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The employee signature cards have been counted and verified. Now, the Prince William County School Board will vote sometime before mid-July on whether to move forward with collective bargaining for qualifying school division staff.

That’s where things stood as of Tuesday, May 10, in the ongoing and sometimes bumpy effort to secure collective bargaining rights for staff members of Prince William County’s largest employer: the local school division.

After butting heads over the last few weeks over a process for verifying the more than 5,000 employee signatures collected in support of collective bargaining, the Prince William Education Association and the Prince William County School Board came to an agreement last week on a way to proceed that the teachers’ union believes will prevent the school division from retaining signers’ identifying information.

On Tuesday, May 10, the PWEA, its attorney, school division human resources staff and school board attorneys met at the Edward L. Kelly Administration Building to check employee identification numbers from the cards and tally them in three broad categories of certified staff.

PWEA President Maggie Hansford said the procedure offered sufficient protection of the signers’ personal information, a priority of the teachers’ union. 

The process took about four hours and resulted in the verification that a majority of the school division’s certified staff members support moving forward with collective bargaining, according to a joint statement from the school board and the PWEA.

“We verified all the signatures, and we secured a majority, just like we said we did,” Hansford said in an interview Tuesday. “We’re excited to move the process forward for all PWCS employees."

Hansford declined to release the exact number of signatures that were verified. But she said the only information retained by the school division are the three tallies of employees that fall within three broad categories of certified staff. The union has insisted it could not turn over the actual signature cards to the school division because of a concern among signers that they might suffer retaliation from school division administrators for supporting collective bargaining.

School Board Chairman Dr. Babur Lateef acknowledged the verification process in a text message Tuesday and said a school board vote on whether to move forward would occur before mid-July.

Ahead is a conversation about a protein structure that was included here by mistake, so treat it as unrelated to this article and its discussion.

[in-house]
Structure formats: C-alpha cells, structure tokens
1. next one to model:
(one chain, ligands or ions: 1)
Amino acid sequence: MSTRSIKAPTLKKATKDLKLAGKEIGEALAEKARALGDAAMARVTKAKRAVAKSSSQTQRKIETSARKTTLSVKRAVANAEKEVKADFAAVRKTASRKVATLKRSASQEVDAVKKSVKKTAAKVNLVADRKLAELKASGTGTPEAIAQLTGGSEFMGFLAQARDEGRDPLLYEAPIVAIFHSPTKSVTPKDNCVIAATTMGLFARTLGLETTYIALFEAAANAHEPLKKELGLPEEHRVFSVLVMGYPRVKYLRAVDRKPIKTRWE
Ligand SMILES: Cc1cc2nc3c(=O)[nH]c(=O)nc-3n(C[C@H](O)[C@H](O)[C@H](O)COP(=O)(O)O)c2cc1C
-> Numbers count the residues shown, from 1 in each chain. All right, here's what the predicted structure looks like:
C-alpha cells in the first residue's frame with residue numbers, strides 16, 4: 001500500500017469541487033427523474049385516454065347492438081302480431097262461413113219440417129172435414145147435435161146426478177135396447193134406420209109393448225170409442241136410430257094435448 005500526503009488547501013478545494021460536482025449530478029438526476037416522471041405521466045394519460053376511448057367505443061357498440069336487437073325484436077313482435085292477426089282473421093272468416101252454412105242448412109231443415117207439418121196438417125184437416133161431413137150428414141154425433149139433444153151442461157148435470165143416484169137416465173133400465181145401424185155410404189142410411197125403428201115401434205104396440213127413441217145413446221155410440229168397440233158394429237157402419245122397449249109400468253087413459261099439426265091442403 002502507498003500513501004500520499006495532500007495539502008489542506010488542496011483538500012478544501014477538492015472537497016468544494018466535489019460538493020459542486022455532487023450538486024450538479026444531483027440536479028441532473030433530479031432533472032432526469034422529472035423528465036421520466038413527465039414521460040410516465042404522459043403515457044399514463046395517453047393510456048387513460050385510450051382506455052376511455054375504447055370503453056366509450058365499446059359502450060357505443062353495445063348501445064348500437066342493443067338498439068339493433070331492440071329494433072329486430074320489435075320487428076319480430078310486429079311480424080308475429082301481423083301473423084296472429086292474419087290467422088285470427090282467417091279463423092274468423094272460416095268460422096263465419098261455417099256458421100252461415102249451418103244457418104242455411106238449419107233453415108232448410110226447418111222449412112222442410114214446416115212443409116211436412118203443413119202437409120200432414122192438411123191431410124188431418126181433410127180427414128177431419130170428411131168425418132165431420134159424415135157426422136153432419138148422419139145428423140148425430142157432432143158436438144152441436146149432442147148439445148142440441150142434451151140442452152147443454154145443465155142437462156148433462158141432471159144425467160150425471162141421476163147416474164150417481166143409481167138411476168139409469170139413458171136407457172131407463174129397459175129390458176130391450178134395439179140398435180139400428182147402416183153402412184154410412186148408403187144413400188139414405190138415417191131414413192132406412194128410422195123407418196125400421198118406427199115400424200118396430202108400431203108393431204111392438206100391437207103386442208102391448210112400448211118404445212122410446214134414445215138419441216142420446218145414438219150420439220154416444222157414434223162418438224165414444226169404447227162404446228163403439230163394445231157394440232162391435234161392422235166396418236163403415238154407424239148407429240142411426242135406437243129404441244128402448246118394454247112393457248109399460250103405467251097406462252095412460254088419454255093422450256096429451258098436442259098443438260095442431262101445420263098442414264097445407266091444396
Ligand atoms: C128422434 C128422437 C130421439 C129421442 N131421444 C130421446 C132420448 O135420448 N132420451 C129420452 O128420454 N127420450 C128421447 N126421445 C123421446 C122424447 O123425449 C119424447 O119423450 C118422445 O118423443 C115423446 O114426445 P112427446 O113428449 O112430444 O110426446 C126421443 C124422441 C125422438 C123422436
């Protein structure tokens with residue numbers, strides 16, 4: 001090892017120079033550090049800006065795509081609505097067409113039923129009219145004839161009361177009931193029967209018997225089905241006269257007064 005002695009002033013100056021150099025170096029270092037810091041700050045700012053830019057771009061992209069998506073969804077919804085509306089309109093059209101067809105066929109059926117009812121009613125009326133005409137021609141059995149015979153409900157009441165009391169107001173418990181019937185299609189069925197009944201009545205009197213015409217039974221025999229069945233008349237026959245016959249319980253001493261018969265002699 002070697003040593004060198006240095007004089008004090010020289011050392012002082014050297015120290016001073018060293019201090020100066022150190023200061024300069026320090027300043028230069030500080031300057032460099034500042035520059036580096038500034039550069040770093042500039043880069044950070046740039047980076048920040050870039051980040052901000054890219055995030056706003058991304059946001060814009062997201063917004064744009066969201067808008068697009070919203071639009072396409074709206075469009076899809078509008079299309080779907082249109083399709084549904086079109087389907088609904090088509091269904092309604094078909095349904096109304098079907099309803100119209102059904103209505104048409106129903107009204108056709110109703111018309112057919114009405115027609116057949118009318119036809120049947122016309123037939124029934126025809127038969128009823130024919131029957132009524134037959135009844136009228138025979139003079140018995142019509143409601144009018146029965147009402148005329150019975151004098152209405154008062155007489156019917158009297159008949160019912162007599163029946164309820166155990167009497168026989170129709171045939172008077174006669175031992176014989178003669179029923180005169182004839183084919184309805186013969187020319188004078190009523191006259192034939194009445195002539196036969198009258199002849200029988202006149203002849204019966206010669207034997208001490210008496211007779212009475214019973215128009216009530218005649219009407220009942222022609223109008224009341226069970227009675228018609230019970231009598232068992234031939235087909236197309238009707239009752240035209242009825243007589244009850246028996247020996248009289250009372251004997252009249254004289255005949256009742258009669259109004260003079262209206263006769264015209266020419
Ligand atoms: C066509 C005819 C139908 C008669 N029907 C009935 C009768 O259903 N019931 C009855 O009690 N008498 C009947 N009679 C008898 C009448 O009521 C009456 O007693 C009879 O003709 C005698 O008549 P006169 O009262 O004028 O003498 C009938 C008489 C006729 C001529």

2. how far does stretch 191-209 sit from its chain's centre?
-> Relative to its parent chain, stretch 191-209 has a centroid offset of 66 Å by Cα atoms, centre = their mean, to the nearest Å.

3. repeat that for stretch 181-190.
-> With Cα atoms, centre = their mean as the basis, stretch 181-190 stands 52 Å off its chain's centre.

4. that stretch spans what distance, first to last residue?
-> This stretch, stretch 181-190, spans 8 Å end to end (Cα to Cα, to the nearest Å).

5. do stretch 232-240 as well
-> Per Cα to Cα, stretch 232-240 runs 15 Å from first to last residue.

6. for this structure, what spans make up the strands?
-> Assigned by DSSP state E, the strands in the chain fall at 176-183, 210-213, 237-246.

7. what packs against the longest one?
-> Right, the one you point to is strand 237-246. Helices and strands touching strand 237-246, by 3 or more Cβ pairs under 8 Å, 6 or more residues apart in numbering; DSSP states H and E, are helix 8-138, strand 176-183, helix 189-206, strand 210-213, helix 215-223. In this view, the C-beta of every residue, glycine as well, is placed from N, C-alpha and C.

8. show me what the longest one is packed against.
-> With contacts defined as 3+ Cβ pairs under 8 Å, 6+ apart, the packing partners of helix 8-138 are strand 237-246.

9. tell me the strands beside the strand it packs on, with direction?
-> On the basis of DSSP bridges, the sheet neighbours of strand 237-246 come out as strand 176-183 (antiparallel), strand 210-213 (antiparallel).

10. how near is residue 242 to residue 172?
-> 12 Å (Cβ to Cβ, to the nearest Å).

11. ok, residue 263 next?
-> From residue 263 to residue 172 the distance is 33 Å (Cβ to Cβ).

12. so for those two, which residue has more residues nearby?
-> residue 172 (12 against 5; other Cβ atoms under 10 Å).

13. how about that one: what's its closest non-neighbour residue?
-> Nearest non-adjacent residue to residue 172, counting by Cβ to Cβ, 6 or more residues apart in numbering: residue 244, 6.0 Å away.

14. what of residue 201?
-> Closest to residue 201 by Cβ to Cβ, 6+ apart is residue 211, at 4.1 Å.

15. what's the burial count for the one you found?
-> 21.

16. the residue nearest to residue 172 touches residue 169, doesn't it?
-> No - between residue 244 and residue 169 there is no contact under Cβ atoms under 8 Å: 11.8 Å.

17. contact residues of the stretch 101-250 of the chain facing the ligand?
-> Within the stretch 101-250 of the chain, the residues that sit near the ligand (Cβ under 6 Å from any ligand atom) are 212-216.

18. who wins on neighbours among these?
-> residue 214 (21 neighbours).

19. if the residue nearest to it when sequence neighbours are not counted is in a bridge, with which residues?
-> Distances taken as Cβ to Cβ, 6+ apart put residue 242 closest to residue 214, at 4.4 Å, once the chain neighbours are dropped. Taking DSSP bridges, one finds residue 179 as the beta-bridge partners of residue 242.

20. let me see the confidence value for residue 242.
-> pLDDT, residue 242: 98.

Lateef declined to say, however, exactly when the vote will occur or whether he will support it. 

“I have many other priorities in the agenda, specifically dealing with the final budget from the General Assembly and anticipated cuts to the budget that may be needed,” Lateef said. “I have not focused on this issue, and so I have no further insight to add.”

The verification of the employee signature cards is just one step in the process. Under a law that went into effect in May 2021, local school boards and boards of supervisors can take action independently to adopt a collective bargaining process for public employees. If they choose not to initiate a vote, however, employees can force a vote by demonstrating that at least 50% of employees in a potential bargaining unit support collective bargaining. Such a vote must take place within 120 days of that show of support, according to the new state law. 

Hansford announced on March 18 that the PWEA had collected more than 5,000 employee signatures in support of collective bargaining. Her announcement triggered the 120-day timeline, which expires in mid-July.

If the process in the Prince William County school division comes to a successful conclusion, it will mark the first time ever that the school division’s more than 12,000 employees, including more than 6,500 teachers, will have the authority to bargain with school division administrators over matters that could include things such as pay, benefits and working conditions. All of that depends on the details of a collective bargaining agreement, however, which has yet to be hammered out.

The Prince William Board of County Supervisors voted in December to move forward with collective bargaining for its public safety employees and is working on an ordinance to move the process forward.

Reach Jill Palermo at

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